Docs Menu
Docs Home
/ /
Atlas Device SDKs
/ / /

Dictionaries - .NET SDK

On this page

  • Overview
  • Dictionary Types
  • Usage Example
  • Watching For Changes

New in version 10.2.0.

A Realm dictionary is an implementation of IDictionary that has keys of type String and supports values of any Realm type except collections. To define a dictionary, use a getter-only IDictionary<string, TValue> property, where TValue is any of the supported types.

A dictionary of objects can contain null objects. Likewise, dictionaries of primitive types can also contain null values. If you do not want to allow null values in a dictionary, then either use non-nullable types in the dictionary declaration (for example, use IDictionary<string, double> instead of IDictionary<string, double?>). If you are using the older schema type definition (your classes derive from the RealmObject base class), or you do not have nullability enabled, use the [Required] attribute if the dictionary contains nullable reference types, such as string or byte[].

Realm disallows the use of . or $ characters in map keys. You can use percent encoding and decoding to store a map key that contains one of these disallowed characters.


Nullable Values Not Supported with Sync

Local-only realms support collections of nullable (optional) values, but Sync does not.

The following code shows examples of dictionary types:

public partial class Inventory : IRealmObject
public string Id { get; set; }
// The key must be of type string; the value can be
// of any Realm-supported type, including objects
// that inherit from RealmObject or EmbeddedObject
public IDictionary<string, Plant?> Plants { get; }
public IDictionary<string, bool> BooleansDictionary { get; }
// Nullable types are supported in local-only
// Realms, but not with Sync
public IDictionary<string, int?> NullableIntDictionary { get; }
public IDictionary<string, string> RequiredStringsDictionary { get; }

The following code shows how to create, write to, and read from Dictionaries using either a string query (RQL) or LINQ.

var storeInventory = new Inventory()
Id = ObjectId.GenerateNewId().ToString()
storeInventory.Plants.Add("Petunia", new Plant());
storeInventory.NullableIntDictionary.Add("random things", 7);
storeInventory.RequiredStringsDictionary.Add("foo", "bar");
var storeInventory2 = new Inventory()
Id = ObjectId.GenerateNewId().ToString()
storeInventory2.RequiredStringsDictionary.Add("foo", "Bar");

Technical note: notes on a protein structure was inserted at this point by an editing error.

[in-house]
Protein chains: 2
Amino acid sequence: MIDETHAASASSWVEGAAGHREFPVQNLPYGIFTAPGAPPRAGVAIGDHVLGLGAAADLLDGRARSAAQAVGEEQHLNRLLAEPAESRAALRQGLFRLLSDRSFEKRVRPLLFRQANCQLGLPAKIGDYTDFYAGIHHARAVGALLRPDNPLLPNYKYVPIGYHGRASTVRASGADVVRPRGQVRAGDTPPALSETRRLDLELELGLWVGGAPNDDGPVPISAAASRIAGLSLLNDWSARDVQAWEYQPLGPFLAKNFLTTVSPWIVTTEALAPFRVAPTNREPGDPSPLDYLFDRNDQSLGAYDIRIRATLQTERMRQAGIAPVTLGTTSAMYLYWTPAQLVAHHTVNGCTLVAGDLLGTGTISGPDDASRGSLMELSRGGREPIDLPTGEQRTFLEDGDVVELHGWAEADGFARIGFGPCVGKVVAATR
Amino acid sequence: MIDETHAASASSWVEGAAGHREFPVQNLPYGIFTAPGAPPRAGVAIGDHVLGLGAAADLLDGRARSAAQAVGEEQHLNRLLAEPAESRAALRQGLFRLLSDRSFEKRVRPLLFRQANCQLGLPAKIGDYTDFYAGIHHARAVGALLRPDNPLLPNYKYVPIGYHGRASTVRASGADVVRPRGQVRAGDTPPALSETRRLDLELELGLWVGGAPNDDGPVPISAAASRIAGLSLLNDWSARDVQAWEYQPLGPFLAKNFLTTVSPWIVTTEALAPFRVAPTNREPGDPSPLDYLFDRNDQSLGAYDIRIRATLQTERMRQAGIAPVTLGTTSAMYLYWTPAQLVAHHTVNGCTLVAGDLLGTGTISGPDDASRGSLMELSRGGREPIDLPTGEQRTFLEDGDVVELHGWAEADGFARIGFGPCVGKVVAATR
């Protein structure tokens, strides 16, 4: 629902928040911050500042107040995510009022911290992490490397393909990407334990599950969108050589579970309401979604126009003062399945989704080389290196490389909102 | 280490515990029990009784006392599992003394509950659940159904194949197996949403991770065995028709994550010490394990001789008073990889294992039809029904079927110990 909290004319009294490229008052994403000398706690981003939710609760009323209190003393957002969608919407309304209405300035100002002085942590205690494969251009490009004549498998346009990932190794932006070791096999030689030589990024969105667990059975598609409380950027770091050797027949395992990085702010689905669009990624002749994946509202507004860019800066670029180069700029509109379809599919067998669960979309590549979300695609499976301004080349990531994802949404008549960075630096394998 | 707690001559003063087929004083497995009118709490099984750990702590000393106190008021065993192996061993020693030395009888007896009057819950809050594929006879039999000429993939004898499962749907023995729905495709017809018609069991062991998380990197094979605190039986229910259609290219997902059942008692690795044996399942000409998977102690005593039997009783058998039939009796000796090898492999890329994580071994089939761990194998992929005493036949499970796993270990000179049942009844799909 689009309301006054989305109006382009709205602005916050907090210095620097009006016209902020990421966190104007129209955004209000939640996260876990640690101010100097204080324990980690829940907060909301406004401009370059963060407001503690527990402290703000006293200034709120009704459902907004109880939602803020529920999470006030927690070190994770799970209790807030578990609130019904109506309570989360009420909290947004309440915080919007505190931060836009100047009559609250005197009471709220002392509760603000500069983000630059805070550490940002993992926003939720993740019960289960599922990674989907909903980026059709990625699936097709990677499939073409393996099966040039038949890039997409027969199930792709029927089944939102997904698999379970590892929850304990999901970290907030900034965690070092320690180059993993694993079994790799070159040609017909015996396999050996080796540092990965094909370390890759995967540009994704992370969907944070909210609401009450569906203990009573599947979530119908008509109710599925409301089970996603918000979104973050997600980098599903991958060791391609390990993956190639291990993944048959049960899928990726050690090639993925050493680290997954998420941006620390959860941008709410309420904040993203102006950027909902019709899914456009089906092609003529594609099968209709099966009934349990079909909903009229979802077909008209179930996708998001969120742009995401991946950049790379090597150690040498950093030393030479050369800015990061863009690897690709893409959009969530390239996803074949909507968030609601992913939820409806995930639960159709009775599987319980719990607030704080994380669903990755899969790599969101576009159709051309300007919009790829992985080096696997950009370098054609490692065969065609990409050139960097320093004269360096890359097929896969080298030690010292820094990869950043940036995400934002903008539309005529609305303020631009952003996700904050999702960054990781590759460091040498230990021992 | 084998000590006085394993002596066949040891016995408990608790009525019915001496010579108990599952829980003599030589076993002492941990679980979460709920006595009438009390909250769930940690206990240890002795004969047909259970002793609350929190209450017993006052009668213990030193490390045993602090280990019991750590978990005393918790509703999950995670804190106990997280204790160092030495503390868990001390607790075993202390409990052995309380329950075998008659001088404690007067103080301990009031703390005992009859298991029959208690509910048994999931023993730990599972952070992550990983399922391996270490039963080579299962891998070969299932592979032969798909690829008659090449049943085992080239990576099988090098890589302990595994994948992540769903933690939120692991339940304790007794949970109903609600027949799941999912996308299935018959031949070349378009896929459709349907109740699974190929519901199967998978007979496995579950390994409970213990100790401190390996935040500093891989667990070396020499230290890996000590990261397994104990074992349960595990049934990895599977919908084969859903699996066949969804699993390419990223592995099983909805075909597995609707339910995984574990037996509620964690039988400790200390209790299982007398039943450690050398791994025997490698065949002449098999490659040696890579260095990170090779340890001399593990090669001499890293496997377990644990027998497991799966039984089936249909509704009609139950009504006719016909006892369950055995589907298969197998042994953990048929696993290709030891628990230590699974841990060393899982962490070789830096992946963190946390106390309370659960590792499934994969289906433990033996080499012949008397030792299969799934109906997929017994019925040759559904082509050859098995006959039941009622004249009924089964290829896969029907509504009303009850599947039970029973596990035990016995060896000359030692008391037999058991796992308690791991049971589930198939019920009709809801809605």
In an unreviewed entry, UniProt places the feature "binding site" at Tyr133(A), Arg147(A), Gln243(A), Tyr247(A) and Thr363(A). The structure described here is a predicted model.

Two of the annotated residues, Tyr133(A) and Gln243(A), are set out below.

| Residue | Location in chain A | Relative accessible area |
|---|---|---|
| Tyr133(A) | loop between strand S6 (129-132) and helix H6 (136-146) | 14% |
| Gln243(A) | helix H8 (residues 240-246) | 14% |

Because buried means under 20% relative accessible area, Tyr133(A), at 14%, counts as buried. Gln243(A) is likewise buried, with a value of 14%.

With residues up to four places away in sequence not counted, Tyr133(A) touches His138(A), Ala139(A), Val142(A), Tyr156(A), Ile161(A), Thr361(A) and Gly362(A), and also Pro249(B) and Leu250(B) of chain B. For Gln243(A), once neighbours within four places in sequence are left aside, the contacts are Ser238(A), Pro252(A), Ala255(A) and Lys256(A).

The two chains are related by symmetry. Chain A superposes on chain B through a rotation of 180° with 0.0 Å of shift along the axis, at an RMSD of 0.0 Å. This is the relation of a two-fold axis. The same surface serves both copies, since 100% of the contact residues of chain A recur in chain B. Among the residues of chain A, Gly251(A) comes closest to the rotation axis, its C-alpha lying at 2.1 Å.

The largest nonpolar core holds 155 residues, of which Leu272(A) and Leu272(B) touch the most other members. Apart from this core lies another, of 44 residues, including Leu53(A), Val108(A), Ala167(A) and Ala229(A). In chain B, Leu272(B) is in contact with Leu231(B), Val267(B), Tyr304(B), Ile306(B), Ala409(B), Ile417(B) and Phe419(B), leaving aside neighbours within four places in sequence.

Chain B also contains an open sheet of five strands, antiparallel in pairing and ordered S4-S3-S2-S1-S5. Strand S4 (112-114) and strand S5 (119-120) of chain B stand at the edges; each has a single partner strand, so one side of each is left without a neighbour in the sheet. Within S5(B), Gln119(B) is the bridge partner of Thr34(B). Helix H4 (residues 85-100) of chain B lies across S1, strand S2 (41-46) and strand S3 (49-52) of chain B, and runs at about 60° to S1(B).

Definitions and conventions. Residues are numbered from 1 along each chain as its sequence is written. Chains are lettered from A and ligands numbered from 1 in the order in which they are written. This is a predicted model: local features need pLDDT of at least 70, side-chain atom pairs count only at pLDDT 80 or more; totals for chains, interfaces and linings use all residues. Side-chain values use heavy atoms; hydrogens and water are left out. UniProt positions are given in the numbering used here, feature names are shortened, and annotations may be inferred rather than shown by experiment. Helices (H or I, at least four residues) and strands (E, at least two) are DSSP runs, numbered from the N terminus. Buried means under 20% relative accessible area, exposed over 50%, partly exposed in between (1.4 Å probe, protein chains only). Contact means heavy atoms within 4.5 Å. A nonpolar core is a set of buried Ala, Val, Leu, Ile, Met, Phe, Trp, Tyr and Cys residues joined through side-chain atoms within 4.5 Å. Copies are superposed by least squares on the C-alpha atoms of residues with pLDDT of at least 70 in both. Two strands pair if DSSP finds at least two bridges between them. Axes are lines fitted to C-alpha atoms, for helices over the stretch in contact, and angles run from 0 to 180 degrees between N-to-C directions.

realm.Write(() =>
// Find all Inventory items that have "Petunia"
// as a key in their Plants dictionary.
var petunias = realm.All<Inventory>()
.Filter("Plants.@keys == 'Petunia'");
// Find all Inventory items that have at least one value in their
// IntDictionary that is larger than 5 using RQL
var matchesMoreThanFive = realm.All<Inventory>()
.Filter("NullableIntDictionary.@values > 5");
// Find all Inventory items where the RequiredStringsDictionary has a key
// "Foo", and the value of that key contains the phrase "bar"
// (case insensitive)
var matches = realm.All<Inventory>()
.Filter("RequiredStringsDictionary['foo'] CONTAINS[c] 'bar'");
// matches.Count() == 2
// Query the Plants dictionary of an Inventory object
// for a specific plant
var myStoreInventory = realm
var petunia = myStoreInventory.Plants.AsRealmQueryable()
.Where(p => p.Name == "Petunia");

You can use the INotifyCollectionChanged.CollectionChanged event on a dictionary to watch for changes to the collection, and the INotifyPropertyChanged.PropertyChanged event to watch for changes to specific properties in the dictionary.

In the following code example, we have a class with an IDictionary<string, int> property named IntDictionary. We set up event handlers for both the CollectionChanged and PropertyChanged events:

var dictionary = container.IntDictionary.AsRealmCollection();
dictionary.CollectionChanged += (sender, e) =>
Console.WriteLine($"Collection {sender} changed: {e.Action}");
dictionary.PropertyChanged += (sender, e) =>
Console.WriteLine($"Property changed on {sender}: {e.PropertyName}");
← Lists - .NET SDK